A new look has jumpstarted a trademark dispute between whiskey makers Jack Daniel’s and Popcorn Sutton’s, according to the Detroit Free Press. After Popcorn Sutton’s Tennessee White Whiskey started out being sold in Mason jars, an acknowledgement of the fact that Popcorn Sutton’s gets its name from and carries on the tradition of famed Appalachian moonshiner Marvin “Popcorn” Sutton, it has since switched to a square-shaped bottle.
“When it was in the Mason jars, it was a better seller, more of a curiosity,” Nick Reifsteck, the manager of Old Town Wine and Spirits in Louisville, Kentucky, told the Free Press.
In addition to being a “better seller” and “more of a curiosity” when it was in the Mason jars, Popcorn Sutton’s also did not draw the ire of Jack Daniel’s when it was sold in its original container. However, Popcorn Sutton’s new bottling has done just that, with Jack Daniel’s filing a trademark infringement suit against the Nashville-based distiller. In the lawsuit, Jack Daniel’s claims that Popcorn Sutton’s new bottling and labeling is “confusingly similar” to its own.
“Defendants’ use of the new Popcorn Sutton’s trade dress in connection with their Tennessee white whiskey is likely to cause purchasers and prospective purchasers of the product to believe mistakenly that it is a new Tennessee white whiskey product in the Jack Daniel’s line,” reads a copy of the lawsuit obtained by the Free Press.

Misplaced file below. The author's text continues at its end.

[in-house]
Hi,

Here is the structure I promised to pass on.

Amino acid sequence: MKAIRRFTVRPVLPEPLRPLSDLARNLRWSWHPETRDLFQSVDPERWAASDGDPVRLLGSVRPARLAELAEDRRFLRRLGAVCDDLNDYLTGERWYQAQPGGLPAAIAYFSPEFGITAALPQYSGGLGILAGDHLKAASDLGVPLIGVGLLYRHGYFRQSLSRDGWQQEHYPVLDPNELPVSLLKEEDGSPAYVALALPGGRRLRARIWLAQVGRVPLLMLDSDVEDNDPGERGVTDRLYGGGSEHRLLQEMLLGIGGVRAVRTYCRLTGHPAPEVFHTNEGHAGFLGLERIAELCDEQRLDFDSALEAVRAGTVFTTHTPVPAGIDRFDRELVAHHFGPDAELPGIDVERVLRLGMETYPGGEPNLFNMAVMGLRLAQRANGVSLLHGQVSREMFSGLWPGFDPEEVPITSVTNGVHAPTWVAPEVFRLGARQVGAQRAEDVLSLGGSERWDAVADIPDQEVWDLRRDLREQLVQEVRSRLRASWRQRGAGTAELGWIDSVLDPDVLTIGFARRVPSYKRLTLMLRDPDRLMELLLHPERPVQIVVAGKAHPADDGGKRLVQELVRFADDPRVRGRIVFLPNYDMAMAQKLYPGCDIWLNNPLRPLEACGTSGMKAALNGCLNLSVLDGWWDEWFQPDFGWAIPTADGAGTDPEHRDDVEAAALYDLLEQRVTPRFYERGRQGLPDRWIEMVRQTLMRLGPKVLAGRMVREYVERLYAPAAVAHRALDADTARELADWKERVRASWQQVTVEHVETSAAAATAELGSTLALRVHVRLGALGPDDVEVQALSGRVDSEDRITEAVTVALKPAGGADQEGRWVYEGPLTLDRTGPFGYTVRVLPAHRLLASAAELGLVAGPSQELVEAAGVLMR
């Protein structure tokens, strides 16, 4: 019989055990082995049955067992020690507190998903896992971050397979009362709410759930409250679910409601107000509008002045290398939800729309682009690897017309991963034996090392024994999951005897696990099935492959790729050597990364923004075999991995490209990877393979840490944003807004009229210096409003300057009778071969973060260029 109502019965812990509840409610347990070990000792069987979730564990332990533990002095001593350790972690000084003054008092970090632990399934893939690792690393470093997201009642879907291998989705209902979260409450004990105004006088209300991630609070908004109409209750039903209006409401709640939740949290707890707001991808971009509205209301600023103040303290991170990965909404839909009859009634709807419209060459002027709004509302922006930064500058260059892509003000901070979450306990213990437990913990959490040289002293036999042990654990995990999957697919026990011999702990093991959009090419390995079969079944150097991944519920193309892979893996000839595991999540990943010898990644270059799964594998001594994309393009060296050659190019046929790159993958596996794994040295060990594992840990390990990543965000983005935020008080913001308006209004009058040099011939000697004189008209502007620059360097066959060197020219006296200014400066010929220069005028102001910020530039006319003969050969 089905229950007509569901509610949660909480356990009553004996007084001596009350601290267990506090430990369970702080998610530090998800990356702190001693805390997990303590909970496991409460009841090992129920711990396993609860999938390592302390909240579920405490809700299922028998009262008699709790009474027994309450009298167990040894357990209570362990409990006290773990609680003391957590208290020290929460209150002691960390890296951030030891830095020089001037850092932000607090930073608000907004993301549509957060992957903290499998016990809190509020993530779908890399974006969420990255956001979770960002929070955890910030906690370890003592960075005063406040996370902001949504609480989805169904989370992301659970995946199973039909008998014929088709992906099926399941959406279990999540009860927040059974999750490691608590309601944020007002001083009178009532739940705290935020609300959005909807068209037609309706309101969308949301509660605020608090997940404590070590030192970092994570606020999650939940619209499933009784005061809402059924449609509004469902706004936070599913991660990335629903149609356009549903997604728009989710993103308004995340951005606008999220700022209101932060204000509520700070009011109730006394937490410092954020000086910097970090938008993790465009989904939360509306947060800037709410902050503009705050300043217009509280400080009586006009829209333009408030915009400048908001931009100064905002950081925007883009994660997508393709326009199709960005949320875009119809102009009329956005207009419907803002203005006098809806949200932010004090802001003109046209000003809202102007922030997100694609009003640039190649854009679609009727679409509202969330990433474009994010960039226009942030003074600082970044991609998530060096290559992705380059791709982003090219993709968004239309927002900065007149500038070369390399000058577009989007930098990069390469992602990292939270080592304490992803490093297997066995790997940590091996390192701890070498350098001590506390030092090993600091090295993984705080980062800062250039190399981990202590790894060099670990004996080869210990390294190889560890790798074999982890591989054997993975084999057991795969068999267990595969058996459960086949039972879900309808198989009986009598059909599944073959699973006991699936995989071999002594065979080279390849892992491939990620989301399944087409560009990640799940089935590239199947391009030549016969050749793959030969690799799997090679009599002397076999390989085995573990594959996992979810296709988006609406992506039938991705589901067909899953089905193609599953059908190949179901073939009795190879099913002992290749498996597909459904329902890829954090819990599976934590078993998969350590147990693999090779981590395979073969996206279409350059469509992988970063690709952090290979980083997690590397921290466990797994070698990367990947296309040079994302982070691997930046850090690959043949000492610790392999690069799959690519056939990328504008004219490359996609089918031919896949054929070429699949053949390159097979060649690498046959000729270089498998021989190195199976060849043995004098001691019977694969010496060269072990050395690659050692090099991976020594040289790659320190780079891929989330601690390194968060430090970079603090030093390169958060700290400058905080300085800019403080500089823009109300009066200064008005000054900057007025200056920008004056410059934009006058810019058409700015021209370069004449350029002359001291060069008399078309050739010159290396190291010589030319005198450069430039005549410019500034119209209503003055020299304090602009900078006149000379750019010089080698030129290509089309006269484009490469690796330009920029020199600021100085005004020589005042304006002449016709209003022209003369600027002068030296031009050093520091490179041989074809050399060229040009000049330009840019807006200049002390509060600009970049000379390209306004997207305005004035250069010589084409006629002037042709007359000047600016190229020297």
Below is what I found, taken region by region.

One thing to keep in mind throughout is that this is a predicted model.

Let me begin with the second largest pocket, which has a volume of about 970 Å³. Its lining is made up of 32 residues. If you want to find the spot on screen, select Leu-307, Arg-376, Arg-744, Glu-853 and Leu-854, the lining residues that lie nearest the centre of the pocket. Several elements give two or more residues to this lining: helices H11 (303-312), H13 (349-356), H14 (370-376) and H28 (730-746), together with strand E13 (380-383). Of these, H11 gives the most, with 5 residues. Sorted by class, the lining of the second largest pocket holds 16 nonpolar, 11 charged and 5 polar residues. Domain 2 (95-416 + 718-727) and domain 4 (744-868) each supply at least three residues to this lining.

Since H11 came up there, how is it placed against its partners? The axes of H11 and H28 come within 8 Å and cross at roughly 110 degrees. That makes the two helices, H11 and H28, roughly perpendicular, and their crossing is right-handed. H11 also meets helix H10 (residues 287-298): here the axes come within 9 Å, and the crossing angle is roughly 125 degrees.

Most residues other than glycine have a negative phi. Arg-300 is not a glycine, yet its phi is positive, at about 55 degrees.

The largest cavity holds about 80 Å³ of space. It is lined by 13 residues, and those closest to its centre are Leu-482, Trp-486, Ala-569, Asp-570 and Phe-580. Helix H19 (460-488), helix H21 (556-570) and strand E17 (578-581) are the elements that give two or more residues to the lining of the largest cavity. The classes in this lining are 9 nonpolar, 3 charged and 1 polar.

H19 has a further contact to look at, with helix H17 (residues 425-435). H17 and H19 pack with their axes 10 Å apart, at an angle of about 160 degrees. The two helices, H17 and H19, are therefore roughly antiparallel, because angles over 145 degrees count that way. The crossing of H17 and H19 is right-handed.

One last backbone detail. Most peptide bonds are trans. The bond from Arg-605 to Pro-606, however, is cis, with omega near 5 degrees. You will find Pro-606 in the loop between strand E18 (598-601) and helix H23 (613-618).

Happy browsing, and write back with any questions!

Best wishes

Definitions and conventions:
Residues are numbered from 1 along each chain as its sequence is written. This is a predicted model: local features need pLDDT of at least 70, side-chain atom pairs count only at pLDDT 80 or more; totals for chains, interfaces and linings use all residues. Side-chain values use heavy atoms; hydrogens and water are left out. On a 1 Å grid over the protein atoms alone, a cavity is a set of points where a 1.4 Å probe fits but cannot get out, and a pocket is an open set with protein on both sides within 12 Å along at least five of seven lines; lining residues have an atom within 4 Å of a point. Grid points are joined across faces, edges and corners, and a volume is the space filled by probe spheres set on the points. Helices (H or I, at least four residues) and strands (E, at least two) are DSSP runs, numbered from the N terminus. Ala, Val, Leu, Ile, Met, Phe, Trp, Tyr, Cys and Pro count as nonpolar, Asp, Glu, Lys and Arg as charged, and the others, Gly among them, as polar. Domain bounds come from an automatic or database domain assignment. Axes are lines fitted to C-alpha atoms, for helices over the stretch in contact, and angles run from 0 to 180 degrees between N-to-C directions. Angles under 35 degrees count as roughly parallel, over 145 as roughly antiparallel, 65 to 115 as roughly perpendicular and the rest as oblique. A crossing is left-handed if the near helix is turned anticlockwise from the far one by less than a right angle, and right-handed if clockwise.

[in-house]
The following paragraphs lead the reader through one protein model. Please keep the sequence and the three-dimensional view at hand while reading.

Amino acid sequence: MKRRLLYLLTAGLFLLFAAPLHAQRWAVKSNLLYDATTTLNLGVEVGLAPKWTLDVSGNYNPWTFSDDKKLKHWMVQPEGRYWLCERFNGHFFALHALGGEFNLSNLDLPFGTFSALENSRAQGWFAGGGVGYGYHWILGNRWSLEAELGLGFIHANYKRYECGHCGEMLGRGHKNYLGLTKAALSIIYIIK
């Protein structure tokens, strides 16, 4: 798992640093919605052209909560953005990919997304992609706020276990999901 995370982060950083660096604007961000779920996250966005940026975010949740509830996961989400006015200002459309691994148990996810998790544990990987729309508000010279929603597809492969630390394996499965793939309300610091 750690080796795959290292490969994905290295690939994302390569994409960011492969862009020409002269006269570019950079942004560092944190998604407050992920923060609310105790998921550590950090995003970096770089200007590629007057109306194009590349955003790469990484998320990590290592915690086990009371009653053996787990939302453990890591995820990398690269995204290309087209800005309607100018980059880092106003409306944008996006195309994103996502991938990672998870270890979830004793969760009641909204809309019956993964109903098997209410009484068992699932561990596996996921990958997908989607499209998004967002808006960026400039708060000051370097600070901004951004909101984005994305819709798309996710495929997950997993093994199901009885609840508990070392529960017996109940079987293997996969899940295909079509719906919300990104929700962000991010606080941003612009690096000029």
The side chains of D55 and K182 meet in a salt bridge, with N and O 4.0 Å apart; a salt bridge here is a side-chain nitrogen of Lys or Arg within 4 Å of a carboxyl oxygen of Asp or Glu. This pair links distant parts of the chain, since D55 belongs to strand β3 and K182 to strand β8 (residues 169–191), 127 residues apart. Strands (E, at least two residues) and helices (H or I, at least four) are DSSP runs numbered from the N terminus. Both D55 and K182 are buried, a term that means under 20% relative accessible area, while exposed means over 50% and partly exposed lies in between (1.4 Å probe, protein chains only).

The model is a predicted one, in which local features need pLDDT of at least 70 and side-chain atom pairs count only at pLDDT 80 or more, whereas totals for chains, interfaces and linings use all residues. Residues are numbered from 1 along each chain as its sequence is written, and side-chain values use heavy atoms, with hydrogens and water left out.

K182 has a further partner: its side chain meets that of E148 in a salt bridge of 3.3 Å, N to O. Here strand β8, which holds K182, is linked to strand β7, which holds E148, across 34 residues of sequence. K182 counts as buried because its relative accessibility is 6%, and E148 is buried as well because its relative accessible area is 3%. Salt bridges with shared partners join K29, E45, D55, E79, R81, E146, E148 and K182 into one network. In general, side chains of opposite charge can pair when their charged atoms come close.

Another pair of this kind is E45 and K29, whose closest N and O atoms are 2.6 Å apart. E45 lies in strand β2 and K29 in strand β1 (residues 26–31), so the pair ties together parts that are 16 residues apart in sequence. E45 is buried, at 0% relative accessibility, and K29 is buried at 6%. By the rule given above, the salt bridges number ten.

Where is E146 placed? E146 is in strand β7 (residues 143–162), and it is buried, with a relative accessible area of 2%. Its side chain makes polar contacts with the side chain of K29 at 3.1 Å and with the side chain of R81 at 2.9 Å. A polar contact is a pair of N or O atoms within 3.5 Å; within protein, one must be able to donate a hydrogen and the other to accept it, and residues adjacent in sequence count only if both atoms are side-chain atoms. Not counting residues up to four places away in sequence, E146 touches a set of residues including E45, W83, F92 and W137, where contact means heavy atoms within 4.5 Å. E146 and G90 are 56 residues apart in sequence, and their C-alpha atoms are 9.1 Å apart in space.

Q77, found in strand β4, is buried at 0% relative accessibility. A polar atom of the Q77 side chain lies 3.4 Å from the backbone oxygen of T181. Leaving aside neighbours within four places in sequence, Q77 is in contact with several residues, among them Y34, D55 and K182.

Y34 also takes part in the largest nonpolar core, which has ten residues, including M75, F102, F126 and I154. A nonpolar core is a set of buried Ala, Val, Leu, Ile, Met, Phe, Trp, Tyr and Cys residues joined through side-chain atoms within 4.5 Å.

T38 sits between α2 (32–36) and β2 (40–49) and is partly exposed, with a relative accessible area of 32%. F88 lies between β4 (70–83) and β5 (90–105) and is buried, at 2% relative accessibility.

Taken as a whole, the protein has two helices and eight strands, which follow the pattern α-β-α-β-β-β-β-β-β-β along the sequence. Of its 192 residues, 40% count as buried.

According to the Jack Daniel’s lawsuit, both Jack Daniel’s and Popcorn Sutton’s bottles are square shaped with angled shoulders and beveled corners, with white-on-black labeling color schemes. With its suit, Jack Daniel’s seeks to remove the Popcorn Sutton bottle from the marketplace and is also seeking unspecified damages.
“We’ve taken action against many individuals and companies all over the world for infringing [on] the Jack Daniel’s trademark,” the spokesperson for Brown-Forman, which owns Jack Daniel’s, told the Free Press. “We are vigorous in our defense of all our trademarks and especially Jack Daniel’s.”
Our Los Angeles trademark infringement attorneys may be able to help you if you are involved in a trademark infringement dispute. For more information about trademarks as well as other intellectual property disputes, please review our website. To schedule an appointment to discuss your situation with one of our Los Angeles trademark infringement lawyers, call our firm at (323) 653-3900 or fill out the case review form on this page.
Quick Klein Extra: The Trademark Act of 1946, which is also known as the Lanham Act, governs Trademark law in the US.
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